1/21/14

The Gospel of Winter

Author: Brendan Kiely 
Pages: 304 
Publisher: Margaret K. McElderry 
Format: Paperback (ARC) 
My Rating: 4 out of 5 stars

Summary (from Goodreads): As sixteen-year-old Aidan Donovan’s fractured family disintegrates around him, he searches for solace in a few bumps of Adderall, his father’s wet bar, and the attentions of his local priest, Father Greg—the only adult who actually listens to him.

When Christmas hits, Aidan’s world collapses in a crisis of trust when he recognizes the darkness of Father Greg’s affections. He turns to a crew of new friends to help make sense of his life: Josie, the girl he just might love; Sophie, who’s a little wild; and Mark, the charismatic swim team captain whose own secret agonies converge with Aidan’s. 




Disclaimer: I received a copy of this novel from the publisher in exchange for an honest and unbiased review.

My Summary: Aiden is living in the midst of what some would describe as their worst nightmare. With his already unstable home life crumbling more and more every day, Aiden begins to self-medicate. However, the alcohol and drugs can't fill the hole inside his heart, so Aiden begins talking to Father Greg about the demons that haunt him. 

But when Father Greg's true motives for befriending Aiden are revealed, he attempts to escape the memories of what happened through a group of friends who offer more support than he's ever gotten from his family. And although he may try to hide it, Aiden can sense that Mark may know just what he went through... and together, they may just be able to help each other heal.

My Thoughts: This novel was so hard to put down. The second I stopped reading, I was plagued with questions about what would happen to Aiden and had to pick it up and continue. 

Aiden was such a likable character, and you couldn't help but sympathize as you watched him struggle to navigate the obstacles he faced - those of growing up as well as those due to the situations he'd been put into. The writing was incredibly honest while also flowing like prose. I liked that you were placed right in the center of the plot right from the start - I was hooked within minutes.

The topic of clerical abuse was dealt with very gracefully in this novel. The focus was not so much on the abuse or abuser but on the healing process, and how important support from loved ones is in getting on with your life - in my opinion, it was a great approach to dealing with a usually taboo subject. 

Final Thoughts: Definitely check out The Gospel of Winter if you're a fan of contemporary literature or are just looking for a novel that hits your heart in all the right places.

1/18/14

Norwegian Wood

Author: Haruki Murakami
Pages: 296
Publisher: Vintage Books
Format: Paperback 
My Rating: 4 out of 5 stars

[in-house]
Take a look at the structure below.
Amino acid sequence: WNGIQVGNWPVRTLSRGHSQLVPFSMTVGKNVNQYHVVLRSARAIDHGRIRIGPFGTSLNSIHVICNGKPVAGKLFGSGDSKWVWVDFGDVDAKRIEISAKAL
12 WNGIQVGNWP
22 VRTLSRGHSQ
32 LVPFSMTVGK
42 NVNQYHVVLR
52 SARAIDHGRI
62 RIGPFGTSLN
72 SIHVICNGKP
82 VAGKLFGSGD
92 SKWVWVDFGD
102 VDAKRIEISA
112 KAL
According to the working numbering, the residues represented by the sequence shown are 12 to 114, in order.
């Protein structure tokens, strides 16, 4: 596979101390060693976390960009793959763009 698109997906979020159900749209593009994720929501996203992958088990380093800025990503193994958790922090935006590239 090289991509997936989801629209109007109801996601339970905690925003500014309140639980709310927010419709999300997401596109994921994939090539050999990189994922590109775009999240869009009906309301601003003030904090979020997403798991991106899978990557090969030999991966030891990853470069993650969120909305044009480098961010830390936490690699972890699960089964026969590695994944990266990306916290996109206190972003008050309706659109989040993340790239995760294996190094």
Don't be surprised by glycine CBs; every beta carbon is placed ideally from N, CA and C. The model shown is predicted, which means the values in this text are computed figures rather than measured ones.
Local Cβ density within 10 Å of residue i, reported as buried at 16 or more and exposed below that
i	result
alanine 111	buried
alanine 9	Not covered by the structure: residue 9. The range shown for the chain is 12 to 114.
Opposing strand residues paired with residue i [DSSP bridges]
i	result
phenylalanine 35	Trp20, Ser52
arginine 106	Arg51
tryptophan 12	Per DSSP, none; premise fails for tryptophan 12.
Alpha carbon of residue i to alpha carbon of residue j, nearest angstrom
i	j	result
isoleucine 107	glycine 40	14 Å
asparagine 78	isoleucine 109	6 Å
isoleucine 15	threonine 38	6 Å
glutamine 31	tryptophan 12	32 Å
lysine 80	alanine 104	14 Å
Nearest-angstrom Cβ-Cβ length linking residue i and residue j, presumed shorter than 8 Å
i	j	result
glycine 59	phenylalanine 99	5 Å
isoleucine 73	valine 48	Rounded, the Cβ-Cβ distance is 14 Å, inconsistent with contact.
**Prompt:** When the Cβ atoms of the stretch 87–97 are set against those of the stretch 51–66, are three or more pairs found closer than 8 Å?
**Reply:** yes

Summary (from Goodreads): Toru, a quiet and preternaturally serious young college student in Tokyo, is devoted to Naoko, a beautiful and introspective young woman, but their mutual passion is marked by the tragic death of their best friend years before. Toru begins to adapt to campus life and the loneliness and isolation he faces there, but Naoko finds the pressures and responsibilities of life unbearable. As she retreats further into her own world, Toru finds himself reaching out to others and drawn to a fiercely independent and sexually liberated young woman. 





My Summary: Toru is a quiet, introverted young student who finds his life turned upside-down when his best friend commits suicide. With nobody else to turn to, Toru isolates himself and moves to Tokyo to attend university. There, through a chance encounter, he reconnects with the mysterious Naoko - his deceased friends girlfriend and possibly the one person who understands exactly what he is going through. But Naoko is not coping well with the death of her first love, and as she slowly begins to deteriorate, Toru can do nothing but wait and hope that their love will be enough to heal her broken spirit. 

My Thoughts: This novel was beautifully written. Murakami has such a way with words - especially when it comes to painting a picture of his settings in your mind. When you read his novels, you can picture every detail so clearly that it's as if you yourself are immersed in the character's world. 

Murakami's novels are often very character-driven, and Norwegian Wood introduces the reader to a likable bunch. Each is so subtly - yet deeply - developed that you find yourself wanting to know more and more about them long after the story is over. I always find that my favourite characters of Murakami's are far from center-stage in his novels, yet their stories always resonate with me. You can't always clearly see the motives of each character, but their complexity and depth is what makes them relatable. Midori was a definite favourite, but for some reason I wasn't overly fond of the narrator (Toru).